United States Nuclear Regulatory Commission
Office of Public Affairs
Washington DC 20555
The Accident At Three Mile Island
The accident at the Three Mile Island Unit 2 (TMI-2) nuclear power plant near Middletown,
Pennsylvania, on March 28, 1979, was the most serious in U.S. commercial nuclear power plant
operating history(1), even though it led to no deaths or injuries to plant workers or members of the nearby
community. But it brought about sweeping changes involving emergency response planning, reactor
operator training, human factors engineering, radiation protection, and many other areas of nuclear power
plant operations. It also caused the U.S. Nuclear Regulatory Commission to tighten and heighten its
regulatory oversight. Resultant changes in the nuclear power industry and at the NRC had the effect of
The sequence of certain events - - equipment malfunctions, design related problems and worker errors - -
led to a partial meltdown of the TMI-2 reactor core but only very small off-site releases of radioactivity.
Summary of Events
The accident began about 4:00 a.m. on March 28, 1979, when the plant experienced a failure in the
secondary, non-nuclear section of the plant. The main feedwater pumps stopped running, caused by either
a mechanical or electrical failure, which prevented the steam generators from removing heat. First the
turbine, then the reactor automatically shut down.
Immediately, the pressure in the primary system (the
nuclear portion of the plant) began to increase. In order to prevent that pressure from becoming excessive,
the pilot-operated relief valve (a valve located at the top of the pressurizer) opened. The valve should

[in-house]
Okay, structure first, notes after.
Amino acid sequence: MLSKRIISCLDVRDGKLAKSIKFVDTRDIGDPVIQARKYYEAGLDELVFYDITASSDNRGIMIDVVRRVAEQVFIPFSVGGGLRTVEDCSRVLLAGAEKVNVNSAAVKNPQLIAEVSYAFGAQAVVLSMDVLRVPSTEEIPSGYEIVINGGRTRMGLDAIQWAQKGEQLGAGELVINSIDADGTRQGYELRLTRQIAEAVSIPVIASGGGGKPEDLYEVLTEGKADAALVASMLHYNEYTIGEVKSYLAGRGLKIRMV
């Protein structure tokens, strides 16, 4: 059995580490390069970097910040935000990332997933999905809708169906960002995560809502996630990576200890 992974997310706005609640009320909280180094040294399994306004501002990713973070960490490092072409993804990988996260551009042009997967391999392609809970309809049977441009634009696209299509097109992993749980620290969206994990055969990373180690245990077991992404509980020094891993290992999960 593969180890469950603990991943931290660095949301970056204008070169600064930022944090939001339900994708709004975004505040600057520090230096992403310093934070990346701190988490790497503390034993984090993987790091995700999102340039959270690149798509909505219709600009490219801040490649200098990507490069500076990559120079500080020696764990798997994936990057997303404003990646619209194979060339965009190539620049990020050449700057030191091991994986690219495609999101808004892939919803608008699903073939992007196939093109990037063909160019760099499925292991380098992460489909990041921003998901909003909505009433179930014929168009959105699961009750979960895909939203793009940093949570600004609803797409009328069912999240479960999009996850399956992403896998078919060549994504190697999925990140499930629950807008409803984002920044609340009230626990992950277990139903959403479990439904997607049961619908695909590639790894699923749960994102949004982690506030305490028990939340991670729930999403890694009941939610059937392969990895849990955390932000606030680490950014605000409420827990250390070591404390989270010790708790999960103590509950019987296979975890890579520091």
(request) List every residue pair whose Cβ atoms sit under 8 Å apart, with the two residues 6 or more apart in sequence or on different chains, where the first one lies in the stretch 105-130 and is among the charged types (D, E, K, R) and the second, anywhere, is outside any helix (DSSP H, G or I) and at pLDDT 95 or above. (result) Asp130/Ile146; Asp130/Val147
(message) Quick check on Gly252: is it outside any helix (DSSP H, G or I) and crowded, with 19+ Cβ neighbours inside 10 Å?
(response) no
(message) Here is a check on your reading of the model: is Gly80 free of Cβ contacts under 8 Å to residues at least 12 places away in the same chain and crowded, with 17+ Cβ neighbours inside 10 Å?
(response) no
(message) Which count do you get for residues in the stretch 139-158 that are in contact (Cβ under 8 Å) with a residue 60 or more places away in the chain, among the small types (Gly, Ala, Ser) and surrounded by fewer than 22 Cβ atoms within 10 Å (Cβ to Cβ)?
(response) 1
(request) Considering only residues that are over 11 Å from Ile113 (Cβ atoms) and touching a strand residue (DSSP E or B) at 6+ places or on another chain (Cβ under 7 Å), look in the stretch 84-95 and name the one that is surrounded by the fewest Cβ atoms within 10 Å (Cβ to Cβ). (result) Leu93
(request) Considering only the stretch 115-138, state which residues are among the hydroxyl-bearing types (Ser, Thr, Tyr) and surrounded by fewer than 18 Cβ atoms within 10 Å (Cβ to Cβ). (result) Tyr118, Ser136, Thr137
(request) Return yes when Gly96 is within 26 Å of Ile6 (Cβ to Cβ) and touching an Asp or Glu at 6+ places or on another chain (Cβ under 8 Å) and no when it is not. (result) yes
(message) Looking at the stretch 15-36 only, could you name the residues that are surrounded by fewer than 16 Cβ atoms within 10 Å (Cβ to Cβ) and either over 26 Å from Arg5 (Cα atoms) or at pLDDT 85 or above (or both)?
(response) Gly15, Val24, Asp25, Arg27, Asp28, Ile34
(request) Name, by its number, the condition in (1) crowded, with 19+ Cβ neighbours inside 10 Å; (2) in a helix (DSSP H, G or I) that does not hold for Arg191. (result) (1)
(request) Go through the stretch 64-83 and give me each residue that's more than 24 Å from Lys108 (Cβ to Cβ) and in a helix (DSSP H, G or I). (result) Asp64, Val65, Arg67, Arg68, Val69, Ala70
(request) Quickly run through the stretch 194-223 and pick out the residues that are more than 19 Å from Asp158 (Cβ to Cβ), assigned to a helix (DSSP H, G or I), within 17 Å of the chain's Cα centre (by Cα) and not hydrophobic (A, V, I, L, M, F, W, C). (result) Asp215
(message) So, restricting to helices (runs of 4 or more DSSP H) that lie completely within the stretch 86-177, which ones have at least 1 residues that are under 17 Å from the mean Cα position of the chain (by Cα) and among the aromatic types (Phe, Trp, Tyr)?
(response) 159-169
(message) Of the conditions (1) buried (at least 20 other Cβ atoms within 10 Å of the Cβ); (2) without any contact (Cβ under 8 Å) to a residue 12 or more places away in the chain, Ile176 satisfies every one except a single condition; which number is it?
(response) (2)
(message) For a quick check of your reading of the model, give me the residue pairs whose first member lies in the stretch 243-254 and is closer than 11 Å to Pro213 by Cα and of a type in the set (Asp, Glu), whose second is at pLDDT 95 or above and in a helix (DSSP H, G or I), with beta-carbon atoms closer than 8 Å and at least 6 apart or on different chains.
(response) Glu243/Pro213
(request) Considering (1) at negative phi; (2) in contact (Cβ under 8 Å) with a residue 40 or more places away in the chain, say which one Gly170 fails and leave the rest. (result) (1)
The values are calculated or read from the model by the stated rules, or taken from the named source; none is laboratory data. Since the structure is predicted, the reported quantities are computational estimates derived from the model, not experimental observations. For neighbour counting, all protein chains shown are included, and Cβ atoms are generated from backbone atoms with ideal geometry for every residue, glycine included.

have closed when the pressure decreased by a certain amount, but it did not. Signals available to the
operator failed to show that the valve was still open. As a result, cooling water poured out of the stuck-
open valve and caused the core of the reactor to overheat.
As coolant flowed from the core through the pressurizer, the instruments available to reactor operators
provided confusing information.
There was no instrument that showed the level of coolant in the core.
Instead, the operators judged the level of water in the core by the level in the pressurizer, and since it was
high, they assumed that the core was properly covered with coolant.
In addition, there was no clear signal
that the pilot-operated relief valve was open.
As a result, as alarms rang and warning lights flashed, the
operators did not realize that the plant was experiencing a loss-of-coolant accident.
They took a series of
actions that made conditions worse by simply reducing the flow of coolant through the core.